A generally disk shaped sealing member 15 is disposed between the handle 11 and the anchor disk 12. The sealing member 15 includes a seal 16. The seal 16 is disposed on a bottom surface 17 of the sealing member 15. The bottom surface 17 includes at least one tab 18 for engaging the radially displaced notches 7 in the sleeve 3 such that when the fuel cap 2 is inserted into the sleeve 3, the sealing member 15 is non-rotatably engaged with the sleeve 3. Therefore, the seal 16 contacts the rim 8 when the fuel cap 2 is inserted into the sleeve 3 and closed, as shown in FIGS. 5-7, but is prohibited from rotating relative to the rim 8 when the handle 11 is rotated. The tab 18 also engages a travel limiting slot 19 in the anchor disk 12 defining an arc of a circle centered on said anchor disk 12 and representing an angle of rotation of between 0 and 90 degrees as shown in FIG. 5.
A cam disk 20 is disposed between the sealing member 15 and the anchor disk 12. The bearing surface of the cam disk 20 has a first cam position surface 21 and a pair of second cam position surfaces 22 for engaging a pair of nubs 23 disposed on the bottom surface 17 of the sealing member 16. As is shown in FIG. 2, the cam disk 20 also includes a bottom side 24 having a plurality of key holes 25 for engaging keys 26 (FIG. 9) located on the top surface 27 of the anchor disk 12. The cam disk 20 is thus non-rotatably engaged with the anchor disk 12. Alternatively, the cam disk 20 may be permanently affixed to the anchor disk 12. In addition, indentations may be disposed on the bottom surface 17 of sealing member 15 and nubs located on the top surface 27 of the anchor disk 12. The material of the cam disk 20 is selected to provide the best bearing surface possible. In the preferred embodiment, the cam disk is made of acetal resins or polyacetals.
A spring 28 is disposed between the handle 11 and the sealing member 15 and biases the sealing member 15 away from the handle 11 and towards the rim 8 of the sleeve 3 as indicated by arrow 29 in FIGS. 5-7. The spring 28 is disposed such that the spring is held under compression when the fuel cap assembly 1 is open and allowed to expand when the fuel cap assembly 1 is closed. Therefore, the spring 28 expansively biases the fuel cap 2 toward the closed or sealed position.
In order to seal the fuel cap assembly 1, the fuel cap 2 is inserted into the sleeve 3 such that the dogs 14 of the anchor disk 12 pass through the radially displaced notches 7 of the non-circular inner surface 6 of the sleeve 3, as shown in FIG. 3. The fuel cap 2 is inserted until the dogs 14 clear the inner edge 10 as shown in FIG. 5. At this point, the handle is in a first position corresponding to the open position of the fuel cap; the tab 18 of the sealing member 15 is engaged in the radially displaced notches 7 of the inner surface 6 of the sleeve 3 as shown in FIG. 5; the flexible seal 16 engages the rim 8 as shown in FIGS. 5 and 6, and the nubs 23 are in contact with the first cam position surface 21 of the cam disk 20 and therefore raised above the anchor disk 12 as shown in FIG. 6, holding the spring 28 in a compressed state. The handle 11, and hence the anchor disk 12, is rotated relative to the sleeve 2 and the sealing member 15 to a second position corresponding to the closed position of the fuel cap. As shown in FIG. 7, the nubs 23 slide along the first cam position surface 21, engage the second cam position surfaces 22 of the cam disk 20, and advance downwardly away from the first cam position surface 21 and toward the anchor disk 12. Further, the spring 28 moves to an expanded state, pushing the sealing member 15 away from the handle 11 in the direction of arrow 29 and seating the seal 16 against the rim 8 without rotating the seal 16 relative to the rim 8. At the same time, the anchor disk 12 rotates such that the dogs 14 move away from the radially displaced notches 7 and engage the inner edge 10 as shown in FIGS. 4, 7, and 8. The anchor disk 12 secures the fuel cap 2 in the sleeve 3 and working in conjunction with the sealing member 15 and spring 28 holds the seal 16 against the rim 8 to form an air tight seal. The entire sealing operation is accomplished with less than a one quarter turn in rotation of the handle. Excessive rotation is prevented by the travel limiting slot 19 into which the tab 18 of the sealing member 15 extends. The travel limiting slot 19 passes over the tab 18 from a first slot end to a second slot end during rotation of the handle 11 as shown in FIG. 5. At no time during the insertion, closing, and sealing of the fuel cap 2 does the seal 16 rotate relative to the rim 8, ensuring greater life to the seal 16. By rotating the handle 11 through one quarter turn or less in the opposite direction, the fuel cap 2 is unsealed and may be removed from the sleeve 3.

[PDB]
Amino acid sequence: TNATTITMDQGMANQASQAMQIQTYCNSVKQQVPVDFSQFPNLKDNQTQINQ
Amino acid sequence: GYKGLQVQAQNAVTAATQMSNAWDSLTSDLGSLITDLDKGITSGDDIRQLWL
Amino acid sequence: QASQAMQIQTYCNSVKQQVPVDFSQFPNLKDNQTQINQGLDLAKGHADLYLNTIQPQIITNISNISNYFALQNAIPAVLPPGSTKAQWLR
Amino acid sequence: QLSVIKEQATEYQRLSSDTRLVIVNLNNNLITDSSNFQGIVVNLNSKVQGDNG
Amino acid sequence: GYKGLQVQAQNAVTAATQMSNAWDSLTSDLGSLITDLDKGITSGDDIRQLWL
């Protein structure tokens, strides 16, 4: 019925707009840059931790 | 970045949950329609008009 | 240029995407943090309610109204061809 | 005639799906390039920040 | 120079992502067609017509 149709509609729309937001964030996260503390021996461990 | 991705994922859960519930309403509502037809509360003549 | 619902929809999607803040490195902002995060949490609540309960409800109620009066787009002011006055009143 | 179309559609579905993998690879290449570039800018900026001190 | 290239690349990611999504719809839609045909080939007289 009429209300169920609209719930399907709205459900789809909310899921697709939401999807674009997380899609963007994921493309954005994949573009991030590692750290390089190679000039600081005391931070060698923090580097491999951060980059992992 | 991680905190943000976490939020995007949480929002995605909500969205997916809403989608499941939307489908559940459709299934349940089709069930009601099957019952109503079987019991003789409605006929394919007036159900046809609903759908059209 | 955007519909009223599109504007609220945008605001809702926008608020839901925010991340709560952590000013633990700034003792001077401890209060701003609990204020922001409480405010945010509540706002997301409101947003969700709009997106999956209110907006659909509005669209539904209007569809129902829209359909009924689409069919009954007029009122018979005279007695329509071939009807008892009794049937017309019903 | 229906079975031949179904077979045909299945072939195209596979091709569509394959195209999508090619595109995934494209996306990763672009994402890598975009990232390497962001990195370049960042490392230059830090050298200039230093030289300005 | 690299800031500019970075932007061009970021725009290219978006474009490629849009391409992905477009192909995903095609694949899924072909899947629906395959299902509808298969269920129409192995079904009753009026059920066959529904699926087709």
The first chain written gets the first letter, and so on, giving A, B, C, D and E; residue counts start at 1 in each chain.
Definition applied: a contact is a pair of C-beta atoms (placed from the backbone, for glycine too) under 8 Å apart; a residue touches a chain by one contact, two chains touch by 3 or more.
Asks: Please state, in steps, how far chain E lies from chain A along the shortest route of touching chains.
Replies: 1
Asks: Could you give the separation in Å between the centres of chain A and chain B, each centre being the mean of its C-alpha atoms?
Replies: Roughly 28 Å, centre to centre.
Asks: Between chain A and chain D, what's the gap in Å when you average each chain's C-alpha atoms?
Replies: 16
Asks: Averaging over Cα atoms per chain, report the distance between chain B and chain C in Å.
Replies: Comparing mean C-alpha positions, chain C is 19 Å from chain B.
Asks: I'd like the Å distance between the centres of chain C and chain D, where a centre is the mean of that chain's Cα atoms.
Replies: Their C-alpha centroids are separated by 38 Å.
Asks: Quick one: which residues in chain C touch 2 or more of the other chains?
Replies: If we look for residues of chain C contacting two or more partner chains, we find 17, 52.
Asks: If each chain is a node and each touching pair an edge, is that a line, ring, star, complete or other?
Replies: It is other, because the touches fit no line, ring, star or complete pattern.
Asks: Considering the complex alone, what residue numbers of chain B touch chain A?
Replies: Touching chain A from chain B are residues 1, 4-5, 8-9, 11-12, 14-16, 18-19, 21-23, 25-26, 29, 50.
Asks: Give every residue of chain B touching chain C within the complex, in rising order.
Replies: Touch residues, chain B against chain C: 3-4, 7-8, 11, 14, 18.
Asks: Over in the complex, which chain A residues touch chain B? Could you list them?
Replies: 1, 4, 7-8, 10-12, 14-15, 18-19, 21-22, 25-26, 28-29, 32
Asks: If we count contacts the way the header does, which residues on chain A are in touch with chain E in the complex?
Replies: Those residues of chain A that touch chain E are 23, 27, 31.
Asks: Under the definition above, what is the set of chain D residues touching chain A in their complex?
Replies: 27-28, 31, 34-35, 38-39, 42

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|U.S. Classification||220/295, 220/DIG.33, 220/297, 220/304|
|Cooperative Classification||Y10S220/33, B60K15/0406|
|Jul 9, 1998||AS||Assignment|
Owner name: SHAW AERO DEVELOPMENT, INC., FLORIDA
Free format text: ASSIGNMENT OF ASSIGNORS INTEREST;ASSIGNORS:MORGAN, THOMAS G.;JULEFF, DAVID CHARLES;REEL/FRAME:009327/0402;SIGNING DATES FROM 19980707 TO 19980708
|Oct 6, 2004||FPAY||Fee payment|
Year of fee payment: 4
|Aug 28, 2008||FPAY||Fee payment|
Year of fee payment: 8
|Sep 5, 2012||FPAY||Fee payment|
Year of fee payment: 12